David Levy – Lessons to be learnt – Dec 16

Recently our Life President and former Chairman of Marinet, Pat Gowen, wrote to us about his experiences with the Marine Management Organisation (MMO) and the government agencies which were its forerunner. The changeover in these agencies is possibly a bureaucratic way to shift responsibility, and delay change whilst the new agency beds down.

Certainly the over-lapping responsibility for management of Marine Conservation Zones (MCZsMCZ Marine Conservation Zone) is in the hands of Inshore Fisheries and Conservation Authorities (IFCAs), MMO, Environment Agency, Local Authorities and many more, giving unbridled access to things being missed or overlooked.

Historically it was so, and no development in new Acts of Parliament has changed this. We have stated that this crazy paving approach to management was designed to fail. It was so in Pat Gowen’s day, and it is true at this moment.

Marinet travelled recently to Newcastle to visit the MMO as the guest of its CEO, John Tuckett. We believe that we needed to brave the lair to assess the depth of genuine ability to effect management change. In this agency we met those who believe they are doing a great job by following the codes they operate by.

The however is about overlapping responsibilities between agencies. One agency takes priority, and any secondary agency often fails because it is unable to enforce its role in decision-making. By agencies playing possum in this way, the wheels of “business as usual” continue unabated.

Recent decisions made on a couple of marine aggregate dredging licence applications, all within designated MCZs, has highlighted such failings within the regulatory system.

The public’s ability to access information and data from public consultation replies has been slow to appear on the public register. Take, for example, the case of an IFCA with responsibility for fisheries within an MCZMCZ Marine Conservation Zone. The IFCA did not even respond in writing. When pressed, the MMO informed us that there was a verbal conversation.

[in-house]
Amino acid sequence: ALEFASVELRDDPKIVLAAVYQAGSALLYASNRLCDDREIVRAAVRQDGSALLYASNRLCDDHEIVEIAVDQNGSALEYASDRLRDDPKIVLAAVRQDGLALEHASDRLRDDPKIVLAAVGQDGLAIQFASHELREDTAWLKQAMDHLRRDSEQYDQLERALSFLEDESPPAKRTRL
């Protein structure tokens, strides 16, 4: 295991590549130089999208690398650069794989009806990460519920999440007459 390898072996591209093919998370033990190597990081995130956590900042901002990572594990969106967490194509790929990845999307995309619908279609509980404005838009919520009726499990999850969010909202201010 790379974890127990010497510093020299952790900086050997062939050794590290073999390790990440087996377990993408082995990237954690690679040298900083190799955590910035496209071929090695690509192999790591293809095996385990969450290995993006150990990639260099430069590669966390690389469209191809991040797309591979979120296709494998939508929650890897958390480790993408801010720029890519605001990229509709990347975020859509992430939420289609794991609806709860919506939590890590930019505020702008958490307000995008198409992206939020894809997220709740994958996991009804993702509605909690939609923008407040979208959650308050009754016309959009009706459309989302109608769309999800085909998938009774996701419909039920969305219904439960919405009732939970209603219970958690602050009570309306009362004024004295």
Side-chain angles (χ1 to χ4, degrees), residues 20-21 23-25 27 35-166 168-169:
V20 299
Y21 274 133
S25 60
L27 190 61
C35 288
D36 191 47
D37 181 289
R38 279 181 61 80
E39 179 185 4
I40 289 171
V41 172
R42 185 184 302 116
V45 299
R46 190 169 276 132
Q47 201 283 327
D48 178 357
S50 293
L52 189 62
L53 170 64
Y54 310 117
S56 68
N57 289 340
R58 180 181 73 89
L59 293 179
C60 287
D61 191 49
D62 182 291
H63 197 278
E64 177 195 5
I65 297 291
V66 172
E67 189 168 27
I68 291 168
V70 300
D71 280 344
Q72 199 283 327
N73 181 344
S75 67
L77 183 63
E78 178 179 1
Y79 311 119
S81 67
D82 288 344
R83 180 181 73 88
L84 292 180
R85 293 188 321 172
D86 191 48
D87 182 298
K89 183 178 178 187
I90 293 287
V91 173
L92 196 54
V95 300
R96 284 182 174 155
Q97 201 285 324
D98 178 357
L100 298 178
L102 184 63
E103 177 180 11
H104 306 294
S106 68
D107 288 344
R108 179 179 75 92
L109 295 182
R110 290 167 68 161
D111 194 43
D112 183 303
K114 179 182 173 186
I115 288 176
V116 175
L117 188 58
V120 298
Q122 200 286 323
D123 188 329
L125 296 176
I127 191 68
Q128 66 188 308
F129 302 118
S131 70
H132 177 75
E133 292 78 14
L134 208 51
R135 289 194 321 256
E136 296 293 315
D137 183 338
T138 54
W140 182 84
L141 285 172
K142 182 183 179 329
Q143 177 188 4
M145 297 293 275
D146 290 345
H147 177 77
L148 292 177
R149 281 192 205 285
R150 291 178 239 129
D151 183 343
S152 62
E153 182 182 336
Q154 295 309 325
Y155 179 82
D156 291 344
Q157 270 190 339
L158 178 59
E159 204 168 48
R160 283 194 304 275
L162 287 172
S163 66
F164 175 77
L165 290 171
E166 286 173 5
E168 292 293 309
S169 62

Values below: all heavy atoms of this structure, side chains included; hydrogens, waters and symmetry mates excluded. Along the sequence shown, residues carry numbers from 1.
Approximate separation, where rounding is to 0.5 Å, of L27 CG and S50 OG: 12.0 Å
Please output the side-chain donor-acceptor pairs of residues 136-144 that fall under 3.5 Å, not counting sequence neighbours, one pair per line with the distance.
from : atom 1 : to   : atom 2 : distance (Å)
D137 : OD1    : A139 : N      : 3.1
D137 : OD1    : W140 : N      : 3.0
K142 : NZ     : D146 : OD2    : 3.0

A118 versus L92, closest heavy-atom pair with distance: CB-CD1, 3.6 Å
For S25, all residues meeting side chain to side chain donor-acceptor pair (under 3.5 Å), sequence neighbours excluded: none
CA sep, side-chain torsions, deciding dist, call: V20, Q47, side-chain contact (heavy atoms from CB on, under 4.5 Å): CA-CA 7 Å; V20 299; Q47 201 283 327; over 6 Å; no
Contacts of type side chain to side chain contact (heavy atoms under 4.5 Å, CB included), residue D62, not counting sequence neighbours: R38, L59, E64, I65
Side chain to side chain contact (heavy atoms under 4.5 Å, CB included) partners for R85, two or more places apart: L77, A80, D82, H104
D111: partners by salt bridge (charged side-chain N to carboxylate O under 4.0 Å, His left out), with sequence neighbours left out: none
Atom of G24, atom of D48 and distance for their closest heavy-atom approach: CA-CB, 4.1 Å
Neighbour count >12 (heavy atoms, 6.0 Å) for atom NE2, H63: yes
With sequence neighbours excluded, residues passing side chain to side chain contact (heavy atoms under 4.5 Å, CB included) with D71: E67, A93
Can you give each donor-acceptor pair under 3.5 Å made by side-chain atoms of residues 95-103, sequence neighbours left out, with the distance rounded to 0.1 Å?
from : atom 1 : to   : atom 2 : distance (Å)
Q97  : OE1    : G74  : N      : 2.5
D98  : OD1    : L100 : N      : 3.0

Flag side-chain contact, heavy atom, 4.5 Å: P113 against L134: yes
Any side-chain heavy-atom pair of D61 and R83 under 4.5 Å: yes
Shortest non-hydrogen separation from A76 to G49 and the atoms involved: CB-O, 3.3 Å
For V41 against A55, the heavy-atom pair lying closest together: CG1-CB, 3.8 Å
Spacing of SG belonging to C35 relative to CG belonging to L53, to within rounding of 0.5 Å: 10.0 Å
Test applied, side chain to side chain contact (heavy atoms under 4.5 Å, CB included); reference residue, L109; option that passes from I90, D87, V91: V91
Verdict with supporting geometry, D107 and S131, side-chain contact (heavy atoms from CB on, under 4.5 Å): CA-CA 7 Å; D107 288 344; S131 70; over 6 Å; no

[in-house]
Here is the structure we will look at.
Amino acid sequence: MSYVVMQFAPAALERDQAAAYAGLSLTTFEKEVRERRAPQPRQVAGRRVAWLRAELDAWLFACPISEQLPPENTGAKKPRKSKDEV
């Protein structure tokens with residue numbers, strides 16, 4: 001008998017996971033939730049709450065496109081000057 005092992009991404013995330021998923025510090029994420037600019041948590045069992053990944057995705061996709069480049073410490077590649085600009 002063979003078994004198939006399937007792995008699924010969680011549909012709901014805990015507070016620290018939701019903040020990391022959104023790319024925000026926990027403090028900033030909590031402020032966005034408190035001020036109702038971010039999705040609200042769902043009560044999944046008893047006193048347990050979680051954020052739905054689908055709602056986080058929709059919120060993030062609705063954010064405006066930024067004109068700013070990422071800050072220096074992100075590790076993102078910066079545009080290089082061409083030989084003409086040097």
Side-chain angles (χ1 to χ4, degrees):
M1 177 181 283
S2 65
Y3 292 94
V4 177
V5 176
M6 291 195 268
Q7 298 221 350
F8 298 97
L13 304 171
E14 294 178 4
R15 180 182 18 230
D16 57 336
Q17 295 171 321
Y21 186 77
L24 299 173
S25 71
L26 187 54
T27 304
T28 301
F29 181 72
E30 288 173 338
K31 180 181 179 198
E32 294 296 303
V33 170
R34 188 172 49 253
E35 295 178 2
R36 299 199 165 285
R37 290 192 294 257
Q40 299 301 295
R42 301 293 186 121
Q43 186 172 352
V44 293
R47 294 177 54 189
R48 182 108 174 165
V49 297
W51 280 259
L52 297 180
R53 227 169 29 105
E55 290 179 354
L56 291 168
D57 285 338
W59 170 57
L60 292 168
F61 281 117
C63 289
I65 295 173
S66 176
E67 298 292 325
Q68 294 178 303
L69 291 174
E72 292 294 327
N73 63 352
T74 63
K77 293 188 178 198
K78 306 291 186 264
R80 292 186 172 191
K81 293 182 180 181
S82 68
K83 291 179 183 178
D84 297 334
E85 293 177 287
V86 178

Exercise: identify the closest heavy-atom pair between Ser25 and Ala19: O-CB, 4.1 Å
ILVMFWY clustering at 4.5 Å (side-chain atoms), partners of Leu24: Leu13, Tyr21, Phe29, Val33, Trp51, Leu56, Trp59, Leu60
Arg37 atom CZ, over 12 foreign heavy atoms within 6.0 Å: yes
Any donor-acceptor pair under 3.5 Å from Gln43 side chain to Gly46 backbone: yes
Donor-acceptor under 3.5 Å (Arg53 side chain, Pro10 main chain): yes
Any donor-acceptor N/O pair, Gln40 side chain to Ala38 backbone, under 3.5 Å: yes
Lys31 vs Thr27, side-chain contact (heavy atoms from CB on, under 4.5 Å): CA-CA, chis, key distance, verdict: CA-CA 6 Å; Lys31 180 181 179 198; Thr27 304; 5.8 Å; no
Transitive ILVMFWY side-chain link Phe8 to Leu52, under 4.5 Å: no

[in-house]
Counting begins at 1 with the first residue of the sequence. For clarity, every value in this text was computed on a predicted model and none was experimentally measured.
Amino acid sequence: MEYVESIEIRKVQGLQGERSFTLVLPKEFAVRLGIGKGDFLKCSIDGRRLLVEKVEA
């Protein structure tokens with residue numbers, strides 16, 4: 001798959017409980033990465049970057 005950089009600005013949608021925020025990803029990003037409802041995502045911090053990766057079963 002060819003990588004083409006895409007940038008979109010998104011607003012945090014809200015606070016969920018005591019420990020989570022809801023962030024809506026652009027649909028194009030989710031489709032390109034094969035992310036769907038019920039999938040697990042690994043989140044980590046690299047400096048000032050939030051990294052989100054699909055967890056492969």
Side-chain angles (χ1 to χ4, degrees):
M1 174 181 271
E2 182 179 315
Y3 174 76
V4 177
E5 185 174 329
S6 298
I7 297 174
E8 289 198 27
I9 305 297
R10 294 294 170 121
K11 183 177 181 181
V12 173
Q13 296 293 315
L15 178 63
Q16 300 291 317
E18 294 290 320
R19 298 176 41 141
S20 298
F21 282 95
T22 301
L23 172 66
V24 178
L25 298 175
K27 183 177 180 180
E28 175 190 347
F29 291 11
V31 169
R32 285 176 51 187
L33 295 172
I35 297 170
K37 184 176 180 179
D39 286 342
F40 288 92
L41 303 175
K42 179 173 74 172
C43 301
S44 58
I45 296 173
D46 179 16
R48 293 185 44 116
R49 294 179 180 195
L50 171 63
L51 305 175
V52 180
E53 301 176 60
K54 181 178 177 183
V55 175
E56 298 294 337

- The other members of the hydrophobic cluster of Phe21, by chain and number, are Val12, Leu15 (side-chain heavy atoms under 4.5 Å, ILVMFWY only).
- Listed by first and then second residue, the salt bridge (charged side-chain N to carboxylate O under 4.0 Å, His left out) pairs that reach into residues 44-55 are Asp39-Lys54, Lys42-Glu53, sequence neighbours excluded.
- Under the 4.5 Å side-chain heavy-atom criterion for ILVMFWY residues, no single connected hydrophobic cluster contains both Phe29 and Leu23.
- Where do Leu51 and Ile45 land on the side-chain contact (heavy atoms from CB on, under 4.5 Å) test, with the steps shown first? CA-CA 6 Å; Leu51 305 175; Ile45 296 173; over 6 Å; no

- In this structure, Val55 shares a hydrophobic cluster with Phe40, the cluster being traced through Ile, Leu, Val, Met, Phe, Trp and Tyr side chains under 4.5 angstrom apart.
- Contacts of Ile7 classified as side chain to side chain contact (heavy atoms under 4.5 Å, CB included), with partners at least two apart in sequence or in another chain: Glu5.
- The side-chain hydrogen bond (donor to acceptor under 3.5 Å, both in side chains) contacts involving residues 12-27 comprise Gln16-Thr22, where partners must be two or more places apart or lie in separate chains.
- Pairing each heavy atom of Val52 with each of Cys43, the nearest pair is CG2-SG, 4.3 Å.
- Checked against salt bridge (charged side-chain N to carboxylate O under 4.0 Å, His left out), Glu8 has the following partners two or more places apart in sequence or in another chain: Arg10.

All very unprofessional in my view! It seems as if the laissez-faire business as usual model is embedded deep into this system, and they believe that nothing can replace it.

Also the individualistic style of NGO responses certainly endorses this understanding. Within Marinet, we find this failure to really engage with the issues irresponsible to the extreme. It’s as if we are part of the same hypocrisy – and in fact, we are.

The only fear this “regulatory” system has is of the people who are prepared to go all the way.

What I mean by this is demonstrated by the Save Our Sands Community Action Group. Ordinary people who are prepared to defend the Goodwin Sands from the Dover Harbour Board’s application to dredge them. They have indicated they will go the distance.

What I believe they mean by this is to take the regulator to law. This is the last bastion of defence for the people, and the only thing that takes the power out of the regulator’s hands.

The truth is it is a nightmare of financial implications for individuals. Another bureaucratic design to shut the individual out. However with persistence, this is a way.

The reason why the NGO Movement as a whole does not have a permanent legal eye to regulation is down to where finance for these organisations comes from.

Once again bureaucracy has designed a way to neuter the NGO Movement, as I’ve explained before, and we are so much the poorer for it.

Marinet is committed to raising the challenge where we can. If nothing else, by constantly asking for accountability and open regulation. This way we are holding a line.

What we achieve is less than what we could if we operated as a movement.

The reality is that someone has to hold the line, and meanwhile we wait for reinforcements.

David Levy

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One Response to “David Levy – Lessons to be learnt – Dec 16”

Comment posted on 15th December 2016

Interesting article, David.

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